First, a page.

• Light Thickens

  • By: Ngaio Marsh
  • Narrated by: Philip Franks
  • Length: 7 hrs and 19 mins
  • 4.4 out of 5 stars (110 ratings)

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Light Thickens  By  cover art

Light Thickens

By: Ngaio Marsh
Narrated by: Philip Franks
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Publisher's Summary

Peregrine Jay, owner of the Dolphin Theatre, is putting on a magnificent production of Macbeth, the play that, superstition says, always brings bad luck.

But one night the claymore swings, and the dummy's head is more than real: murder behind the scene.

Luckily, Chief Superintendent Roderick Alleyn is in the audience....

©1982 Ngaio Marsh (P)2015 Hachette Audio

What listeners say about Light Thickens

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  • Overall
    2 out of 5 stars
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    3 out of 5 stars
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Disappointing

It seems that Ngaio Marsh became more deeply involved in theater herself and simultaneously ran out of plots for compelling mysteries. This is not her best. In fact, it is probably one of the least successful overall. No idea what the title has to do with the story? But plot swirls around Macbeth. Alleyne is incidental. Much back and forth and repetition. No way to redeem it. It's an homage to production of Macbeth and little more.

3 people found this helpful

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    4 out of 5 stars
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Reflects Ngaio Marsh's interest in Macbeth

For those who already enjoy Ngaio Marsh's stories, this brings together her love of the theater,her love of Macbeth, her varied interests in the power of things and old rituals, and a mystery. Not only who did it but how it was done.
The very detailed presentation of the staging of this great play may be tedious for those who have not become intrigued by the Shakespeare play of 'Macbeth' .For them it may be as interesting as railway time tables, yet the detail and the personalities do matter.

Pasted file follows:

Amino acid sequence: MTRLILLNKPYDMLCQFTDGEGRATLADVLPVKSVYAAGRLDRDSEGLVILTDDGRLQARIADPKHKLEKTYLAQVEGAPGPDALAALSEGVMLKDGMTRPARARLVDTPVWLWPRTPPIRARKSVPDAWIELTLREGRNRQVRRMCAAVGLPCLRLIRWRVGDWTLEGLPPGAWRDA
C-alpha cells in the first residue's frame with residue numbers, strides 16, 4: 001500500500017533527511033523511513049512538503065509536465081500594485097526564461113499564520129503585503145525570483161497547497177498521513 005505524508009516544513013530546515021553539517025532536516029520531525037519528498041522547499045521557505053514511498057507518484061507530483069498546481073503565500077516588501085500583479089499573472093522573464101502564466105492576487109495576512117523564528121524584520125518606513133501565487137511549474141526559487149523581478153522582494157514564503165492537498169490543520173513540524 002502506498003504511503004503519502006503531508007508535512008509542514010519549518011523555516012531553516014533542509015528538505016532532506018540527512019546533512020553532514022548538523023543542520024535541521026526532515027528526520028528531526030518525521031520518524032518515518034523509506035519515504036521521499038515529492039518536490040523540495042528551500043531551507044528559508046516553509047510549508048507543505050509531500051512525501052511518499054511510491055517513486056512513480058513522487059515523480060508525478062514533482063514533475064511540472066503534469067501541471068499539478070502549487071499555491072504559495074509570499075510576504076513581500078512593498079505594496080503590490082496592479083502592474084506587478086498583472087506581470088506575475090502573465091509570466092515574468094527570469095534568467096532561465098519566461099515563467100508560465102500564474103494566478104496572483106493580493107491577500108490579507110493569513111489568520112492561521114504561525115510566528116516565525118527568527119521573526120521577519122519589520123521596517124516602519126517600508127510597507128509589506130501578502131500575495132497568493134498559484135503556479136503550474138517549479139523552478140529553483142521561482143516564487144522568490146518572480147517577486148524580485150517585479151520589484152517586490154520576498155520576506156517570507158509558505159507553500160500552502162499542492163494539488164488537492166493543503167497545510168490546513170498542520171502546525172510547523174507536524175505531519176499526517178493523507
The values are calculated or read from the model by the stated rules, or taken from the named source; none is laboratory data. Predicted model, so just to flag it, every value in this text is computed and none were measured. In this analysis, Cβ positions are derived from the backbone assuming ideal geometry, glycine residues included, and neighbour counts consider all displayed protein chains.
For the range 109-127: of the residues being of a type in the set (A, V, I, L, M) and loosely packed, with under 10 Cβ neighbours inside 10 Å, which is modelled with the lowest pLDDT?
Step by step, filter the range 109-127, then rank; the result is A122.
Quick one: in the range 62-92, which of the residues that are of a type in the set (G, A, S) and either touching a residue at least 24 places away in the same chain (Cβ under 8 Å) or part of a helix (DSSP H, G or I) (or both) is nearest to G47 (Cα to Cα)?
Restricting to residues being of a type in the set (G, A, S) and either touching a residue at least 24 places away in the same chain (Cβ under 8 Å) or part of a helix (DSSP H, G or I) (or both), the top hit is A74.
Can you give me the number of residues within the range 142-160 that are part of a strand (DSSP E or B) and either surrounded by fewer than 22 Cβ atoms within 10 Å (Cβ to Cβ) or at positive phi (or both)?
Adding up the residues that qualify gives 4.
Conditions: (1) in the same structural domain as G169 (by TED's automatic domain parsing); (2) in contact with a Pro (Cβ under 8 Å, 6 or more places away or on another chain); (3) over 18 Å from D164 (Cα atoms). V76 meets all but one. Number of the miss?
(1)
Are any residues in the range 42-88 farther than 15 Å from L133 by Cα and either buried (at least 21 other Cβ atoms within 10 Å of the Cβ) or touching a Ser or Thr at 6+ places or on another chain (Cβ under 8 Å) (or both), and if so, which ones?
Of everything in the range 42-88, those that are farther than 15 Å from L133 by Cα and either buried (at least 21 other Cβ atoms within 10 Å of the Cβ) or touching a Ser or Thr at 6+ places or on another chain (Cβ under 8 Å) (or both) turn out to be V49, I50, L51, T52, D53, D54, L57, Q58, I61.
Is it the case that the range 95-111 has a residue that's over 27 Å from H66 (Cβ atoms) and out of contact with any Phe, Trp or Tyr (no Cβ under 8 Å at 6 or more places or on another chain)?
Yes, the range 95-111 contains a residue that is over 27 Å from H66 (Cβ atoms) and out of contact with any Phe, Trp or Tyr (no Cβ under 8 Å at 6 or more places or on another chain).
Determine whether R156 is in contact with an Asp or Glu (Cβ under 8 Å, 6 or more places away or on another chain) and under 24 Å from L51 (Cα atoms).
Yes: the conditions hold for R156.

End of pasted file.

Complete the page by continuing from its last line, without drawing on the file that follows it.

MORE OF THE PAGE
2 people found this helpful

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    2 out of 5 stars
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Only if you love theatre...

So sad to have finished the last Ngaio Marsh book, and more sad that it ended with a whimper. Most of the story concerns the mounting a production of Macbeth. I love everything about the theatre but it was very tedious. Marsh’s usually elaborate characters took a faraway seat to the intricacies of theatrical production. I yearned for Inspector Alleyn to make his appearance, which didn’t come until the last third of the book. At least the narrator was brilliant as usual.

1 person found this helpful

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    4 out of 5 stars
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Great Aside From Incorrect Pronunciation

What did you love best about Light Thickens?

It's a great mystery, with well-rounded characters. Alleyn is not as prevalent as usual, but it's made to work with another character to the fore.

What other book might you compare Light Thickens to and why?

Any other Marsh, Christie, or James title. It's a classic murder mystery.

What do you think the narrator could have done better?

I was really irritated that he had not made the slightest effort to get the Māori pronunciation even remotely correct. Normally Franks is really good, but the complete ignorance of one of the most easily mastered sets of sounds on the planet was really rubbish, especially given that there are resources for learning this readily available. A real let-down.

Was there a moment in the book that particularly moved you?

No.

Any additional comments?

Franks does great voices.

1 person found this helpful

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Terrific narration

I am a huge fan of Ngaio Marsh’s wonderful dialogue-heavy mysteries. They are such a treat to listen to generally, but I want to especially point out Philip Franks’ narration on this recording. At the end of part one, I actually had goosebumps as he moved us toward the opening night of the play. It was brilliantly done.

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At least learn how to say the characters names.

This was done in 2016 according to the copyright. It is not that hard to google words from non English languages like Rangi, and find out that they are pronounced rung-ee rather than “ran gee”
At least have some respect for the authors home country.

And that’s without getting started on how to say Alleyn’s name.

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Positively thrilling

Phillip Franks voices all the varied parts exceptionally well and made me want to see the production being rehearsed at the Dolphin!

The people we are supposed to like are especially likable in this, her last novel. The perpetrator was well hidden among several difficult people.

Some knowledge of the Scottish Play (MacBeth) is almost essential to enjoy the characters and plot. A quick review on Wikipedia could refresh English class memories- and - then do delve into this engaging and entertaining book. I did not want it to end.

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Slow to start but a neat finish.